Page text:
With a $40\mathrm{m}$ long fence, it is desired to create a trapezoidal region with a base wall. What is the largest area that can be created? How can I calculate this question?

I've tried all $3$ sides of trapezoid $\frac{40}3$ and creating $3$ triangles. And that : For only $3$ sides from $40\mathrm{m}$:

Let the top side opposite the wall be $x\mathrm{m}$. The other two sides are therefore $\frac{40 - x}2$. The area, $A$, of the trapezoid is therefore $x\frac{40 - x}2 = 20x - \frac{x^2}2$. After that derivatives and etc... But i'm not sure. (isosceles trapezoid)

  • $\begingroup$ What have you tried? Perhaps start by labeling unknowns and writing the relationships between them. $\endgroup$ – Andrew Chin Jun 22 '20 at 18:32
  • $\begingroup$ @AndrewChin I've tried all 3 sides of trapezoid 40/3 and creating 3 triangles. And that : For only 3 sides from 40 metres: Let the top side opposite the wall be x metres. The other two sides are therefore (40 - x)/2. The area, A, of the trapezoid is therefore x(40 - x)/2 = 20x - x^2/2. After that derivatives and etc... But i'm not sure. $\endgroup$ – Kaan Deniz Jun 22 '20 at 18:41
  • $\begingroup$ This should go in your post when asking the question. $\endgroup$ – Andrew Chin Jun 22 '20 at 18:41
  • $\begingroup$ I'm new here. Sorry about that. $\endgroup$ – Kaan Deniz Jun 22 '20 at 18:42
  • $\begingroup$ Are you assuming the trapezoid is isosceles? $\endgroup$ – ir7 Jun 22 '20 at 18:46

Knowing that the region to be enclosed must be a trapezoid, this means the middle segment must be parallel to the existing wall. Since the formula for the area of a trapezoid is $$A = \frac{h}{2}(b_1 + b_2),$$ this means that if the bases are constant and the height is constant, the area is the same even if the location of the two bases are are "shifted" relative to each other. So for a trapezoid of given fixed area, the one that minimizes the perimeter is the one that has the lateral sides, which we will call $l_1$ and $l_2$, equal--that is to say, the trapezoid is isosceles. When we reverse this reasoning, it follows that for a fixed length of fencing, we only ever need to consider dividing the fencing into three lengths, say $x, y, z$, such that $x = z$, since any other choice with $x \ne z$ yields a trapezoid with inferior area. Since $x + y + z = 40$, this gives us a second constraint, so that there is one free variable to consider, say $y$, that uniquely determines how the fence is cut.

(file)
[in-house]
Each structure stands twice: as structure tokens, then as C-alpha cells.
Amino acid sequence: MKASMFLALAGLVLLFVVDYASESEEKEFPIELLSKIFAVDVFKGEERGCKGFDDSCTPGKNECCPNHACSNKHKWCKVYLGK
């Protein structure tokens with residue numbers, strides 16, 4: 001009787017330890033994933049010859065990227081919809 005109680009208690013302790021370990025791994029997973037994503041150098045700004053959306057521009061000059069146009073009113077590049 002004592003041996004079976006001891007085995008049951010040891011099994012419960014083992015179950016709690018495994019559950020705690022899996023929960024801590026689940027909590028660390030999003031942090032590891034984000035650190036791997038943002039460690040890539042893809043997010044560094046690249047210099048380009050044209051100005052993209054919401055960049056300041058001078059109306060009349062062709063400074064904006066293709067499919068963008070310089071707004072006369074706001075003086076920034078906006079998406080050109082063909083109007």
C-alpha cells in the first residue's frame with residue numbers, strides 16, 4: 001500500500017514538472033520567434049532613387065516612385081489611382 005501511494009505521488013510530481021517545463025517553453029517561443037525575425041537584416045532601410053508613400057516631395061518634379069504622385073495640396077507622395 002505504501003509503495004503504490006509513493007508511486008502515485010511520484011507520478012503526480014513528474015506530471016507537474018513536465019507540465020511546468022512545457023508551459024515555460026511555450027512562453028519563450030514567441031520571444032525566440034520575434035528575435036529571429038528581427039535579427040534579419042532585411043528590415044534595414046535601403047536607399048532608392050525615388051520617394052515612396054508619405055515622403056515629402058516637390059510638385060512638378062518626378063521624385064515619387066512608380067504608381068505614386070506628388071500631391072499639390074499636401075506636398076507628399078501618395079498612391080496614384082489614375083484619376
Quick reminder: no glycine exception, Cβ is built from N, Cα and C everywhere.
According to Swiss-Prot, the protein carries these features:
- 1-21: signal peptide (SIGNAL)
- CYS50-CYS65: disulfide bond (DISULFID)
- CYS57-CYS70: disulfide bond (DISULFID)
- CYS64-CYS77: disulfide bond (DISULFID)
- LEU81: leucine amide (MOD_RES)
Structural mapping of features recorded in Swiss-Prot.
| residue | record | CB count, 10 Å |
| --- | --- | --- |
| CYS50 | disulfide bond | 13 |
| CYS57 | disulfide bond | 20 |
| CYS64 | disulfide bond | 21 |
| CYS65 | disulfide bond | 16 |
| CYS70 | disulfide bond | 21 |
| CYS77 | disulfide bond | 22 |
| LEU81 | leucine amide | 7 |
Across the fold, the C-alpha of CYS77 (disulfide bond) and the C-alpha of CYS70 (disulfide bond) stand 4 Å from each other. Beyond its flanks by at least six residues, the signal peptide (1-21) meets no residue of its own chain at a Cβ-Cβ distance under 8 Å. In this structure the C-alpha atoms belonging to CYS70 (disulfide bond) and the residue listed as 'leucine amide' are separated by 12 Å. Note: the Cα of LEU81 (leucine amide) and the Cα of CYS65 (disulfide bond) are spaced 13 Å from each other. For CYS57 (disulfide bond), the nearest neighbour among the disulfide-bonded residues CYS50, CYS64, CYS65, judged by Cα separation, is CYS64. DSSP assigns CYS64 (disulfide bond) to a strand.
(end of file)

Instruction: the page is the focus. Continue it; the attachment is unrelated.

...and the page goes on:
However, for a given partitioning of the fencing, there are numerous ways to place it against the wall to enclose a trapezoidal area. At one extreme, we can simply lay it flat against the wall and enclose no area. At the other, we can put the ends of the fence as close to each other as possible along the wall, which, depending on whether $2x < y$, might enclose no area, or a triangular area. This suggests letting the angle $\theta$ be the internal angle between the wall and one of the lateral sides. We have the base $b_2 = y$, the two lateral sides $x = (40 - y)/2$, and we need to solve for the height $h$ and wall-side base $b_1$ for a given angle $\theta$.

Trigonometry gives us $$\sin \theta = \frac{h}{x}, \\ b_1 = b_2 + 2 x \cos \theta.$$ So the area as a function of $y$ and $\theta$ is $$A(y, \theta) = \frac{40-y}{2} \sin \theta \left(y + \frac{40-y}{2} \cos \theta\right).$$ Now I leave the rest as an exercise to compute the values of $y, \theta$ such that $A$ is maximized.


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